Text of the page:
You are going to have to learn this someday, after you have repeatedly schooled yourself to always be in the dark, to be the one who scrambles for the right buttons; you are going to have to learn to know, to know everything.

The Little Mix track that plays in your car most mornings, the brand of lube you buy, the name of the pharmacy from which you buy it, and the name of the smiling attendant who hands it to you.

You are going to have to know why you slept with your stepfather, why your body tingles at the sight of your head pastor in church, why you sexted your Malaysian client for months till he had to cut off the deal. And why you have started to look at the thirteen-year-old boy in your apartment with lust in your eyes.

More importantly, you are going to have to learn to know you.

So on the nights when you are weary, tap lightly on the baobab door to yourself and come home to you, know you. Not again, by the brittle pubic hairs around a strangers penis whipped out for a quickie, not again by the enormity of your vibrator, or the bookmarks of pornographic websites, know you by you.

Be the one who writes your story; never let me or someone else tell it for you.

Learn to relax, to lie on your back and take in the scenery, count the flock of birds and the leaves wilting on the trees, allow your hair sway in the wind, and understand that you do not have to be rushed, to be fast, for you are magic.

You are allowed to take time. Remind yourself that for all the lofty visions you have built in your head, you are allowed to not arrive there. You will, but peradventure you do not, you are allowed to.

You are your own safe landing.

There is the slow, the calm. And if the fast starts to take over you, find it, reach out to it and be it.

Never forget that it is just as valid, just as beautiful. Never forget you are magic and fire, rolled into one. And you can beat anything, even sexual addiction.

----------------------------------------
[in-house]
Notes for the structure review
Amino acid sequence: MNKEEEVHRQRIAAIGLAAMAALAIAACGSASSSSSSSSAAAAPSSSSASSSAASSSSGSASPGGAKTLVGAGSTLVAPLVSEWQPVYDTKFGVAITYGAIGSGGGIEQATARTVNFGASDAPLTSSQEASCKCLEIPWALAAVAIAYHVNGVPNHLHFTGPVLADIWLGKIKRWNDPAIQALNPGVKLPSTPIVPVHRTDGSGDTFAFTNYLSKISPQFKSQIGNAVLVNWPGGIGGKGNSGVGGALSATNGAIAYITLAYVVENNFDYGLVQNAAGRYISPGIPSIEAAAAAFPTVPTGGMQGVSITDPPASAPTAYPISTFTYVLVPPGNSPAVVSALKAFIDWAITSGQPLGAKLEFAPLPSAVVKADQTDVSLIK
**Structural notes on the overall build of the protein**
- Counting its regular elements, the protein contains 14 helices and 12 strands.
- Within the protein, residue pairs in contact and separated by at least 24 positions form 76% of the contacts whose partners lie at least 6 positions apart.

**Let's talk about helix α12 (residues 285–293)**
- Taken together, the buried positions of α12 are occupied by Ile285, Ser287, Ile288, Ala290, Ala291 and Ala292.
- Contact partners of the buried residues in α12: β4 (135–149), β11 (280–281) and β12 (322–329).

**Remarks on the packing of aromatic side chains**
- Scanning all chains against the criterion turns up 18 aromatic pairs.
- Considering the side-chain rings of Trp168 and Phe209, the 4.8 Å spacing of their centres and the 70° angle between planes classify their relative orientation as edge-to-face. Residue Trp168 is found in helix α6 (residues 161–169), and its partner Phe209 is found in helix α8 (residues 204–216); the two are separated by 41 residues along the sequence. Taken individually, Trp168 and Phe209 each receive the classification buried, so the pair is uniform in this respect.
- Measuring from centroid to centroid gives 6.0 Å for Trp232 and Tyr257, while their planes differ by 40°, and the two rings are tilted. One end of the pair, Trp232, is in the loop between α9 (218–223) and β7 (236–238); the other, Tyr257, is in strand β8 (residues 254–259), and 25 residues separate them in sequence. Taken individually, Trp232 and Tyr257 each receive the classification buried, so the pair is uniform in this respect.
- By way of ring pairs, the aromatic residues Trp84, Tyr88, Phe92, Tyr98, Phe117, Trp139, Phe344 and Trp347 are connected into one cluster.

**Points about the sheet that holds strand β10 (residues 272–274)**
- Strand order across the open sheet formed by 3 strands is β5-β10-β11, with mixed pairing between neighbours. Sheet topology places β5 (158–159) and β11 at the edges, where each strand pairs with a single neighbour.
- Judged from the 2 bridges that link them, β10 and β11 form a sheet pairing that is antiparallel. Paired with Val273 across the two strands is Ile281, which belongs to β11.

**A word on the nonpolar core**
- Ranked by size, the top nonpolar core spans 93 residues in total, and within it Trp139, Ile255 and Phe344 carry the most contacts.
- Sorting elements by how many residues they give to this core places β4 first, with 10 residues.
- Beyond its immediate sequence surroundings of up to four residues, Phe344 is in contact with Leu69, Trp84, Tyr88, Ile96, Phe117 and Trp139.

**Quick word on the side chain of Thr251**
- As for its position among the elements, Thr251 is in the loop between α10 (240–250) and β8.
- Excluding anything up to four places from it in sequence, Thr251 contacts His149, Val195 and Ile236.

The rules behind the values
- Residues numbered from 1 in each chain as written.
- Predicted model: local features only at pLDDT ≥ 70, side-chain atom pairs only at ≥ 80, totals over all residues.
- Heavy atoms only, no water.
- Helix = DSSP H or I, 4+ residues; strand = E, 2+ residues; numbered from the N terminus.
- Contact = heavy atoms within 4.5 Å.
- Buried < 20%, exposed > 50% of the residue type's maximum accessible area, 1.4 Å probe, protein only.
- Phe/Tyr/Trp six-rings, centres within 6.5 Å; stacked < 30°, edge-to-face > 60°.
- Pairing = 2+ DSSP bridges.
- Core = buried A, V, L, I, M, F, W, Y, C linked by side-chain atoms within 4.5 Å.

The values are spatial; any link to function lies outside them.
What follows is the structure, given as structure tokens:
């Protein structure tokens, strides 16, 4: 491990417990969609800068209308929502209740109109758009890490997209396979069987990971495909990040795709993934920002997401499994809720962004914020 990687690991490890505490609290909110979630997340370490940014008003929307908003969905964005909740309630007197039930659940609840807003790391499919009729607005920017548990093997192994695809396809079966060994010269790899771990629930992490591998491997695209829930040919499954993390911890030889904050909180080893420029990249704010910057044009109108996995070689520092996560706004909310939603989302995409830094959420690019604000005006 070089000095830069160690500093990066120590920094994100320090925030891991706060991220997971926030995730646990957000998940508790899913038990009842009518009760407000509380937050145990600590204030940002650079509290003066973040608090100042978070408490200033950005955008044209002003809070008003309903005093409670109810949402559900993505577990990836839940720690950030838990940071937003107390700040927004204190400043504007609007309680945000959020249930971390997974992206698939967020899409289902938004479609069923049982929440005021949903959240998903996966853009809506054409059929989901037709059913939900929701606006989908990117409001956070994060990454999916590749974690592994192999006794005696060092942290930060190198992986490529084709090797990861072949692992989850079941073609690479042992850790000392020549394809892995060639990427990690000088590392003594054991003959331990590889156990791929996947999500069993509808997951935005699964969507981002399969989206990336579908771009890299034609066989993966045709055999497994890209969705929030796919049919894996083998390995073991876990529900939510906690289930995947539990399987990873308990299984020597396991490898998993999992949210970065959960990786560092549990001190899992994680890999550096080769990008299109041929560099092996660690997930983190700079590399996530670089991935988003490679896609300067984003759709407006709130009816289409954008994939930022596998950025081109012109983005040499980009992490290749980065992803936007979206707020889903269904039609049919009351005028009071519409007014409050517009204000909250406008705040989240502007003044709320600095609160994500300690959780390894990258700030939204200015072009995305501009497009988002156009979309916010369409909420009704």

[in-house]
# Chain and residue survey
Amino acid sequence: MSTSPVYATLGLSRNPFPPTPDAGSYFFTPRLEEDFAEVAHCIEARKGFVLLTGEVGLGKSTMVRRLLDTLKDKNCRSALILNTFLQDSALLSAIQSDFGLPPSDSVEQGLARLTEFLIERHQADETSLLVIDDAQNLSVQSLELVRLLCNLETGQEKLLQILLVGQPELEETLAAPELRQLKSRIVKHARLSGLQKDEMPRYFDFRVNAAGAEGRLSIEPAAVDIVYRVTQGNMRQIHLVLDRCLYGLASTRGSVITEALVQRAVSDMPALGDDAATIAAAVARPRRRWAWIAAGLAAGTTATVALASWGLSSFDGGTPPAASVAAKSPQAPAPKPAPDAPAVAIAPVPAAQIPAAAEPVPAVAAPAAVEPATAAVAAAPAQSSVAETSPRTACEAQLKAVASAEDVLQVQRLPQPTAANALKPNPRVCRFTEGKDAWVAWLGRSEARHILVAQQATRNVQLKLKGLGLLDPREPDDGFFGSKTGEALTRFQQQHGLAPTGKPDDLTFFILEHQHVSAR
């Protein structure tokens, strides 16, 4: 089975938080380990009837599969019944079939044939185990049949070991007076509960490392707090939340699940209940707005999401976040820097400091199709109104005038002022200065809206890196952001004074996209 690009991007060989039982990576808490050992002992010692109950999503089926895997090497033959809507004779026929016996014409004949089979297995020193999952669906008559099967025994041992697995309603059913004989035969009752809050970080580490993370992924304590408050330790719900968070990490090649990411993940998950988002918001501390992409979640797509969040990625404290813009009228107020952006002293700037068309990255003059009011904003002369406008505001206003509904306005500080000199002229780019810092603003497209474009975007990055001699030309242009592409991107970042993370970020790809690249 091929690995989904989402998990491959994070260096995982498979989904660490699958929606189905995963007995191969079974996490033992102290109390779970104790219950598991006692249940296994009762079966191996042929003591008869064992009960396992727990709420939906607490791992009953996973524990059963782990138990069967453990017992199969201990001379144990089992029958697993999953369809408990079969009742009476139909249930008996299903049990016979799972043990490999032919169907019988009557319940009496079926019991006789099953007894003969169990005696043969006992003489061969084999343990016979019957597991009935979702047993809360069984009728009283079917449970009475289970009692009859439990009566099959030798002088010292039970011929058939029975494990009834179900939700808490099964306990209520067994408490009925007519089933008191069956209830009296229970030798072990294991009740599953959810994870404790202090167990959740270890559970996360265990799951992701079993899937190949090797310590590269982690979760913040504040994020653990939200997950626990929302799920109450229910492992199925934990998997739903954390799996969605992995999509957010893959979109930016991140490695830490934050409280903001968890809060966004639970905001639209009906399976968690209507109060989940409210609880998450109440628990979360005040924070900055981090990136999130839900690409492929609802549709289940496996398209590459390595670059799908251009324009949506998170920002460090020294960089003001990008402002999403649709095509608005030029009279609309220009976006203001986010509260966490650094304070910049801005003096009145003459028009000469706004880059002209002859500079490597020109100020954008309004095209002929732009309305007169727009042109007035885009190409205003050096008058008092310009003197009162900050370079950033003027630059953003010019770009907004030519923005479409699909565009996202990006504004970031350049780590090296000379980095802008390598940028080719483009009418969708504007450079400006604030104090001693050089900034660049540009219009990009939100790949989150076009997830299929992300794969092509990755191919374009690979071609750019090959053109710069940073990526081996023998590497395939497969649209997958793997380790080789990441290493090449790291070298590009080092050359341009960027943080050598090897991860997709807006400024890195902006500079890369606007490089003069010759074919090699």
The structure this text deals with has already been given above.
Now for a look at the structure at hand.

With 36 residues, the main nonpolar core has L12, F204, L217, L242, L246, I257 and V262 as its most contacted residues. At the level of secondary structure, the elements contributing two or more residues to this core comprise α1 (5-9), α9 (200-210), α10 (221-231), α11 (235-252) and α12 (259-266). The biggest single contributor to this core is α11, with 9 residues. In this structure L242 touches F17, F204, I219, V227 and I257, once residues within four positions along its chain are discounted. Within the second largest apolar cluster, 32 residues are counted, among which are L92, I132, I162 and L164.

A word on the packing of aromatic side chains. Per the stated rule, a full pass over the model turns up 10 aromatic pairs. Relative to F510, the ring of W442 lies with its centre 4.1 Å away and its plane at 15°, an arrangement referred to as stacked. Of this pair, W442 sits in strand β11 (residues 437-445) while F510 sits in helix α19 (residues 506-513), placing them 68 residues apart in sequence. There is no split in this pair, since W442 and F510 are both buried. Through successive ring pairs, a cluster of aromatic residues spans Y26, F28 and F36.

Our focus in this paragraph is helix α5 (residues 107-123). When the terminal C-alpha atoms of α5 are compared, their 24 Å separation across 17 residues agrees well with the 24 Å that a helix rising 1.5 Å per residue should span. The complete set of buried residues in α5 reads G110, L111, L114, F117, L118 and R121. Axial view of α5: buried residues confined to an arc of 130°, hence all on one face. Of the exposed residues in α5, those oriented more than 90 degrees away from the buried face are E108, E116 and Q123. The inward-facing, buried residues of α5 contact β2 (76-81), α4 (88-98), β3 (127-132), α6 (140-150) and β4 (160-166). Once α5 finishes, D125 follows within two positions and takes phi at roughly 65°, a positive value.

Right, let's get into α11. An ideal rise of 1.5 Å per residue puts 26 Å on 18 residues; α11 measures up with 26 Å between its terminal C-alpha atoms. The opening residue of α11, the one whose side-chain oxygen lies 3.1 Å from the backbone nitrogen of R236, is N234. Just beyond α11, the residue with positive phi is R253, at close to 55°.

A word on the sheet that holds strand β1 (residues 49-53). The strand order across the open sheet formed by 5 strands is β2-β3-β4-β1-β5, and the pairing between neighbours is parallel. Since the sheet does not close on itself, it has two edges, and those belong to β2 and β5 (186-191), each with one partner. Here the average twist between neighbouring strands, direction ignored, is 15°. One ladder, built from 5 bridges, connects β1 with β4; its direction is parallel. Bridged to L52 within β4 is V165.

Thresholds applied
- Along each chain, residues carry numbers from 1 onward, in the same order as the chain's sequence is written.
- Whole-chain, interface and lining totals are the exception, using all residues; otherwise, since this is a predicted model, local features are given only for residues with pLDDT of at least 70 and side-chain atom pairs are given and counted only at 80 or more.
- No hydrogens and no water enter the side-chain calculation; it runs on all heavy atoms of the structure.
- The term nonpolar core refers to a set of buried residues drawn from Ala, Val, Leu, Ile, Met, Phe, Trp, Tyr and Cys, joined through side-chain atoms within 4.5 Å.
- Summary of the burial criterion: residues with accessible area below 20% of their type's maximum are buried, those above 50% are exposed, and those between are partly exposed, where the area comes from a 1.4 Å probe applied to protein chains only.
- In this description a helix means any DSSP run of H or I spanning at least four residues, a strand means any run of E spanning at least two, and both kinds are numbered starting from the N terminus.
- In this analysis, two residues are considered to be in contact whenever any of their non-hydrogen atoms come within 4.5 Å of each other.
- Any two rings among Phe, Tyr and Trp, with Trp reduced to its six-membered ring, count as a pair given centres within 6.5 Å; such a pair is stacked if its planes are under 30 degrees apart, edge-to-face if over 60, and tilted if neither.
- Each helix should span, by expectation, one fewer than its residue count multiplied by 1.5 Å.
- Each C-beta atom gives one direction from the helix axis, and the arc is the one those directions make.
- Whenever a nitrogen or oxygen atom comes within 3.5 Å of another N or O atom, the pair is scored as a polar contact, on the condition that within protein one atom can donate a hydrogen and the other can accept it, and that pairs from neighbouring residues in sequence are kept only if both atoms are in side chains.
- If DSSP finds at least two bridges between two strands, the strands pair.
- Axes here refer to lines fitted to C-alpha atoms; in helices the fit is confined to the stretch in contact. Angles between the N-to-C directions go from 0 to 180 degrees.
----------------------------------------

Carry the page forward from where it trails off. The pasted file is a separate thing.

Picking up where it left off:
Never forget you are your safe landing.

Photo Credit: Kiosea39 | Dreamstime.com

aleb Somtochukwu Okereke is a writer and literary blogger whose works have appeared in Sun and Vanguard Newspapers, Kalahari Review, New Black Magazine, Hamilton Stone review. His first Novel was published by Bahati Books UK in 2016 and you can follow him on Instagram @caleb_okereke

11 Comments

  1. Spunky

    April 4, 2017 at 7:04 pm

    I hope this speaks to someone…

  2. Nammy

    April 4, 2017 at 8:01 pm

    This is deep

  3. funmilola

    April 5, 2017 at 9:41 am

    oh boy! thanked
    I wish Someone who is going through sexual addiction will be able to read this…..for it is real. very real!

  4. Laide

    April 5, 2017 at 3:22 pm

    Such a beautiful piece. I got lost in it ❤️

  5. Bunny

    April 5, 2017 at 4:47 pm

    Someone out there should know this, because not knowing isn’t an excuse enough. Well done, man!!!

  6. Vasily Mikhailovich Doestovski

    April 5, 2017 at 5:06 pm

    guy, you can write

  7. Kalu Deborah

    April 5, 2017 at 6:41 pm

    This is for many, but only a few will heed. Keep writing Caleb

  8. E

    April 5, 2017 at 10:45 pm

    This is deep, like most of Caleb’s works. However, I don’t understand how the last paragraphs are supposed to help cure the addict. The last paragraph, believing in yourself, taking life slowly, learning that life is more about the journey than the destination, the paragraph is for anybody. It’s a generic piece of advice for anyone and everyone. I don’t know if I’m missing something, but how does it specifically aid our broken addict?

    • 14

      April 9, 2017 at 12:49 pm

      the thing about broken addicts or anyone trying to change his or her habits is…there is this burning desire for a quick fix. Like, can i just flip the switch and be okay? So this peace helps in reminding them that its a long process, a journey of healing…its about believing in yourself that someday you shall overcome, despite the falls that would occur during the process, they should keep on going

  9. Light

    April 5, 2017 at 11:39 pm

    Caleb, this is profoundly beautiful.

  10. Godson oppa

    April 6, 2017 at 2:34 am

    Wow.. this is really insightful and lovely.